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AndyMt last won the day on August 14 2020

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  1. I must have mixed it with the C64 or some other machine then .
  2. Actually BASIC has to fit into 8KB if I'm not mistaken. Aren't the other 8KB used by the KERNAL ROM?
  3. I updated the game a little: Additional level Added end title music added fade-in/out effects Explosion animation. Have fun
  4. Yes - it's not just this forum, unfortunately it's most websites. OT: I now even start having an issue with my car, because Tesla decided to make the speedometer font smaller ... It may look more "elegant" now, but well... Back in the old days with analoge instruments, with the position of the needle you knew what speed you were going. Now it's in writing only - refocusing and reading on a glance just doesn't work well above 50...
  5. Yes, but then everything else in any other software looks "blocky" in comparison . Unfortunately the CSS parameters "font-smooth" or "-webkit-font-smoothing" were dropped from the CSS3 specs/drafts. Otherwise "-webkit-font-smoothing: none" would have been the solution. I just tried: Chrome, Opera and Firefox ignore the parameter, even though they know it exists... So 110% zoom is the solution for me - I didn't notice the issue, because my aging eyes need 125 anyway...
  6. You cannot imagine the flashback I just had ... The US MAD wasn't available in Switzerland (there was a "softened" German version, though), but my uncle sent them over from the states. So I typed in that code back then in 1985...
  7. That's exactly what I do, too . Maybe not very elegant, but it works.
  8. Ok, then I'm out of ideas atm. I have to try that myself first. Until now I had no need to run it from sdcard. But of course this will be the way the real hardware is going to do it, so I will look into it at some point. Until then simply run the prg directly via the -prg option. I added instructions to the download section.
  9. Gif can be unpacked using zlib if I'm not mistaken. And there is a 6502 implementation: https://github.com/pfusik/zlib6502
  10. I must admit - I've never tried it with a sdcard during development. I always start the prg file directly via command line. And - I develop my games with cc65 on Windows. What you could try is to rename all files to lower case. Windows does't care, but Linux does.
  11. Looking really good, the new key caps are a plus! Regarding the colour-scheme: I'm fine with grey. Although the pattern on the rendering with only the arrow and function keys +X16 in grey appeals more to me. Maybe add Pg Up/Dn Home/End to be grey, too. It looks very "wild" or "messy" on the prototype now. But as you said: that might change. I will like it in any case, can't wait for the real hardware. I even found a 14" CRT VGA monitor I will use with the X16 .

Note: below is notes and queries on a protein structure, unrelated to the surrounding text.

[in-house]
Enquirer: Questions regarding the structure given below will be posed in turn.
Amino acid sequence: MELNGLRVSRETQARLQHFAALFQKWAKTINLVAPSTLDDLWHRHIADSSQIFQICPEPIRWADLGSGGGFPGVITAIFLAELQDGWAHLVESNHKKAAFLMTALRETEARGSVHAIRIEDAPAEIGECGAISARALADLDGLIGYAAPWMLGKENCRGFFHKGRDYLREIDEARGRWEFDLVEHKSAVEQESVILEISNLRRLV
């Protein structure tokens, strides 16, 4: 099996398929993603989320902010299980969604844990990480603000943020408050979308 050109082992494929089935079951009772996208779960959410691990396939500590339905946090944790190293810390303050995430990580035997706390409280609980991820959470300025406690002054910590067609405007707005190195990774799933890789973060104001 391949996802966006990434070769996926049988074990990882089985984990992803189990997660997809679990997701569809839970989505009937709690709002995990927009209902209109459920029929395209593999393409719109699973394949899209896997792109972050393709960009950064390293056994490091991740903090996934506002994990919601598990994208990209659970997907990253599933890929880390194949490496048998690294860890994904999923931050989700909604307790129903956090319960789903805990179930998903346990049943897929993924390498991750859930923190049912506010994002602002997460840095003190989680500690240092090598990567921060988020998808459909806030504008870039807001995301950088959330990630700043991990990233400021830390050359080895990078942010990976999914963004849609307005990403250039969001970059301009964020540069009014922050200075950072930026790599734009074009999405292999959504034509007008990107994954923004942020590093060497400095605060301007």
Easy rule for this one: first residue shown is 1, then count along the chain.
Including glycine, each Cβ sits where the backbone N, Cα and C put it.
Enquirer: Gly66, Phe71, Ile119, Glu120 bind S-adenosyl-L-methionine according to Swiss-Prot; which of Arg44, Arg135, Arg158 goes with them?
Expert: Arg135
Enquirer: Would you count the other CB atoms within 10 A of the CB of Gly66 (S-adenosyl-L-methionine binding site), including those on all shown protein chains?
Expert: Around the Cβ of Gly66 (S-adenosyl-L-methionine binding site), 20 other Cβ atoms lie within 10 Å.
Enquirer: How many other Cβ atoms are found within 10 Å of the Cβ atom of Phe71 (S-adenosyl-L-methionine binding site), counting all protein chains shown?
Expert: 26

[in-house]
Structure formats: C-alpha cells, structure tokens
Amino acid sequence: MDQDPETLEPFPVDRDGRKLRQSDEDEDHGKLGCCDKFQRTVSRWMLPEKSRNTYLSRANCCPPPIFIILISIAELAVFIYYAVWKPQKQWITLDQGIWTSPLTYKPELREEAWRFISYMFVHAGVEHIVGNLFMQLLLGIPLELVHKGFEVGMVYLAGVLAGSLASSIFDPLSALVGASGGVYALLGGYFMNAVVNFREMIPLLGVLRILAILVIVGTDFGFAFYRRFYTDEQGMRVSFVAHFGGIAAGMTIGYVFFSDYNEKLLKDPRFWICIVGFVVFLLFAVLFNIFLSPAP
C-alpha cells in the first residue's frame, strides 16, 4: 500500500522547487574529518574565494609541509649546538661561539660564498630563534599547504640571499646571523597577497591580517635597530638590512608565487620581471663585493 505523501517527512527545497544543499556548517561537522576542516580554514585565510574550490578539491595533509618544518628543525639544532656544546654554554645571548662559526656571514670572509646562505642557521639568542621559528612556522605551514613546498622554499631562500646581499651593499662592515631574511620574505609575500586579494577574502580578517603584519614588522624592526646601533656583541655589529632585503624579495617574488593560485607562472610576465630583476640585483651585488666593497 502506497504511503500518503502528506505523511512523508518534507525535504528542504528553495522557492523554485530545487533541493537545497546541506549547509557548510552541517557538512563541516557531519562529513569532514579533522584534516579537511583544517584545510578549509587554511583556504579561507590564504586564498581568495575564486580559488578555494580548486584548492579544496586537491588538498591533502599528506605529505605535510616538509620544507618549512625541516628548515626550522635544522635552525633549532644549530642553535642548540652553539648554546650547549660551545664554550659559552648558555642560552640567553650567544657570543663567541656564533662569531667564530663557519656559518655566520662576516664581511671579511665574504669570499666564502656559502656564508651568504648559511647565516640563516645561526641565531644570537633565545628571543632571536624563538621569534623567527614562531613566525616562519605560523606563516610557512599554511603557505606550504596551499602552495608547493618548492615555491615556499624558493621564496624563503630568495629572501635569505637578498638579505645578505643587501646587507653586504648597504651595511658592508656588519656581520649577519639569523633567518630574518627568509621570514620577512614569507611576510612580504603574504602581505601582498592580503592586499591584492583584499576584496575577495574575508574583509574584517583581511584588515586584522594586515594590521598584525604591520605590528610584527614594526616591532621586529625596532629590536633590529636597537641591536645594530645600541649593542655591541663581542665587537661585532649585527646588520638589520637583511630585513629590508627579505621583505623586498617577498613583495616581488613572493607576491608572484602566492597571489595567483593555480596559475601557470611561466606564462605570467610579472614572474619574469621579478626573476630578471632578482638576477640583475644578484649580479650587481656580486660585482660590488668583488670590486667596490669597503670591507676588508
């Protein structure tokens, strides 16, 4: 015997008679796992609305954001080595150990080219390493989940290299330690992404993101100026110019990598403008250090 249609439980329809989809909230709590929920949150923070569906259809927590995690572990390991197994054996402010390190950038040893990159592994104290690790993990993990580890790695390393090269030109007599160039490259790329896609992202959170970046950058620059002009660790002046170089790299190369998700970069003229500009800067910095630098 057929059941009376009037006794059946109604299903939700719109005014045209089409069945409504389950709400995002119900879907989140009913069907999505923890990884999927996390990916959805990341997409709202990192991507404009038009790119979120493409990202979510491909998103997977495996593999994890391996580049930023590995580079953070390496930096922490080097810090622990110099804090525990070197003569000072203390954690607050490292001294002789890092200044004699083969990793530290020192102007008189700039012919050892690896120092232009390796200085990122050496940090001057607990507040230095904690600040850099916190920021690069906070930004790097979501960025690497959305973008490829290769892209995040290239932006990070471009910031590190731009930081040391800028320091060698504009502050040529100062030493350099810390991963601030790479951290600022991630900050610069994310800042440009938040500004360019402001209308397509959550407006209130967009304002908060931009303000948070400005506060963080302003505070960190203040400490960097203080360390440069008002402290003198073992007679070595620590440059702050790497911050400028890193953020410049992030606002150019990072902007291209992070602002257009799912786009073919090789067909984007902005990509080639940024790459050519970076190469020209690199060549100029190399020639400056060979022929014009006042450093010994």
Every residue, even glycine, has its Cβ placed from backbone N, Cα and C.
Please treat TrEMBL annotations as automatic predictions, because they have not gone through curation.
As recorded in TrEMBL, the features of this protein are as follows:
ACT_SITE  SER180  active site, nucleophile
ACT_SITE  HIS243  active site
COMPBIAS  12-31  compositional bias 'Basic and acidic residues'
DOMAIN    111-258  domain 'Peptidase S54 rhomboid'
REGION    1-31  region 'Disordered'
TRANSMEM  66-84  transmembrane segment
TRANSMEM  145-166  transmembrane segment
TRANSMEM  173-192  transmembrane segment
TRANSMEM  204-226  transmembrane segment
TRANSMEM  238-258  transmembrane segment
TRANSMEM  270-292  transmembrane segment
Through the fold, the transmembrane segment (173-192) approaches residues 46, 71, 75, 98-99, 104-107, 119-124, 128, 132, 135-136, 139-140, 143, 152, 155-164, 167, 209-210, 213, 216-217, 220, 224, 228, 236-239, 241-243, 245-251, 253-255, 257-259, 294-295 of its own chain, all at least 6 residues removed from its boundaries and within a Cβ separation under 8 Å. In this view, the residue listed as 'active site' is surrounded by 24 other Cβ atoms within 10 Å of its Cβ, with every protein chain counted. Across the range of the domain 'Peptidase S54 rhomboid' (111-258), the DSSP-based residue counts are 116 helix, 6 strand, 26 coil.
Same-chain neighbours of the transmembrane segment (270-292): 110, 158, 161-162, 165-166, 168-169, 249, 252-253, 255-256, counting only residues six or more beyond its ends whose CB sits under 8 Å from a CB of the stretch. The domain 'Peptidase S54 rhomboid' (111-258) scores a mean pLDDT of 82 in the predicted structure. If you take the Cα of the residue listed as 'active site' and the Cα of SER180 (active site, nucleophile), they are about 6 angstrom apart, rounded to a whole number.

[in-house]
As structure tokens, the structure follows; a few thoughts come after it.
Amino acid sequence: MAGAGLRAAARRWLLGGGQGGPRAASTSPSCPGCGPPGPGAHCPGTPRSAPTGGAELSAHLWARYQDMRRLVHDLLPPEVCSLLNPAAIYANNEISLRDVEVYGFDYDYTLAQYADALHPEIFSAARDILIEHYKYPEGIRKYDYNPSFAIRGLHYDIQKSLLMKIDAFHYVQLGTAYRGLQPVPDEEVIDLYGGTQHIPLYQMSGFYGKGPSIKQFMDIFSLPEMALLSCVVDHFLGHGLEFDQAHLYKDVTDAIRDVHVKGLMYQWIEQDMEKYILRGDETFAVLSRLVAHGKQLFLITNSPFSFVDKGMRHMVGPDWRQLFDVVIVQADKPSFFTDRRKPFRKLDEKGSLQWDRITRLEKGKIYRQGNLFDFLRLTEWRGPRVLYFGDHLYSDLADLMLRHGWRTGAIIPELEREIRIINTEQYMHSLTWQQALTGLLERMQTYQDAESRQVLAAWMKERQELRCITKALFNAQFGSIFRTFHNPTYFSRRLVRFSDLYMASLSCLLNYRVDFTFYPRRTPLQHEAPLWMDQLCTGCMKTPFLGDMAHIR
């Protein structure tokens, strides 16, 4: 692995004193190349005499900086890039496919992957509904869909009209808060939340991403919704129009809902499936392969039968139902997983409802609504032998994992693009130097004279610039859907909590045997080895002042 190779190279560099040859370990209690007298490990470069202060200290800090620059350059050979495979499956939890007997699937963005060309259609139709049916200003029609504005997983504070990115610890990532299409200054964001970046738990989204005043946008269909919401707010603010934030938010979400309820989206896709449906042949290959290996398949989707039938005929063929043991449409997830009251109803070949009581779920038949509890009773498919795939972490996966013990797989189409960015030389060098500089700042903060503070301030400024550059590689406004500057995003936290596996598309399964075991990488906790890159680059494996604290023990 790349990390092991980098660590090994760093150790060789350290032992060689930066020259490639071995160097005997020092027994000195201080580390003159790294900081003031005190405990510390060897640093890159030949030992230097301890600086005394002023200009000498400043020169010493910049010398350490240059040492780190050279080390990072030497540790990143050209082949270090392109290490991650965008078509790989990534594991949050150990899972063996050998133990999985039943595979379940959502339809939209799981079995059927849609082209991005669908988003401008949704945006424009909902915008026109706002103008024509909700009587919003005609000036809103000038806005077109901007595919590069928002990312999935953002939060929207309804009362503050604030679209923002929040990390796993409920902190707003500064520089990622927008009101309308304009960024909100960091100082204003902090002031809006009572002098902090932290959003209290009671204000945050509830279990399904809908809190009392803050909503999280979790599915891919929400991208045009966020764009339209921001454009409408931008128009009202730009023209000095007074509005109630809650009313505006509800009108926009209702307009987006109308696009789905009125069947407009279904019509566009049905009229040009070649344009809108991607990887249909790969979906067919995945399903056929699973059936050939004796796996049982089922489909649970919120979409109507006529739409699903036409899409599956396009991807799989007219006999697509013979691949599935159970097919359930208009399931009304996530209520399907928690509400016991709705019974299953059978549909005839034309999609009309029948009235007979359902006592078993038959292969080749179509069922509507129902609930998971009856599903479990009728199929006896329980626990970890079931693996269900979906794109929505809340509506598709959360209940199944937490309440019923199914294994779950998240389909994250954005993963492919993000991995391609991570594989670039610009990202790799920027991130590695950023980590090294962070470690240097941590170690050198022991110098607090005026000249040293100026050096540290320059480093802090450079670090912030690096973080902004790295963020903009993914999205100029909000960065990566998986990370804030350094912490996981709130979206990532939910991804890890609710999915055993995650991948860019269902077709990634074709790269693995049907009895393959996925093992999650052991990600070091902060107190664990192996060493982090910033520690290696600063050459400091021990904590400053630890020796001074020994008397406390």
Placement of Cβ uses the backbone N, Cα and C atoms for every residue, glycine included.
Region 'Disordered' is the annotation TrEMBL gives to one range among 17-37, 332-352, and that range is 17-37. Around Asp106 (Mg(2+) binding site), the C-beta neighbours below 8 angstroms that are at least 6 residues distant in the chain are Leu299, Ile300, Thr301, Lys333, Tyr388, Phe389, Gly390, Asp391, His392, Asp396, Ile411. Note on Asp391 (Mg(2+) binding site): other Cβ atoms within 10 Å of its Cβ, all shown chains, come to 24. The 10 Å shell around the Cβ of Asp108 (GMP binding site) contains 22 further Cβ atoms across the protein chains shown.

12. I noticed that, too. In most colors seem to be too dark, a few too bright (Yellow if I recall correctly). Have you tried tweaking the palette for your viewer? Other than that: great tool!
  13. I found a very good guide on the web: https://github.com/ilmenit/CC65-Advanced-Optimizations This helped me a lot .
  14. For me the X16 appealed more for the following reasons: You will be able to look at the board and kind of "see" how it works. I love that! Memory layout and bank switching is very basic, but also easy to understand. The amount of available memory imposes pressure to optimize. I like that! Graphics is somewhat in between an ATARI ST and the Commodore Amiga, so more 16-bit era like. Which allows for good 2D graphics and I'm very happy what I've achieved so far. The pixelated 320x240 resolution adds to the nostalgic feel. The 8 MHz CPU is fast compared to the C64, but still slow enough so that you have to live with certain limitations, which is part of the fun. But it still allows me to use C for programming with some assembler to get around the mentioned limitations. I'm looking forward to "real" hardware. I'd like to show it to my nephews (now 3 and 6 years old) in a few years, to explain and "show" them how computers actually work. I find it still very important to know about those basics. Even with modern computers this helps to understand why certain things work and others suddenly don't.
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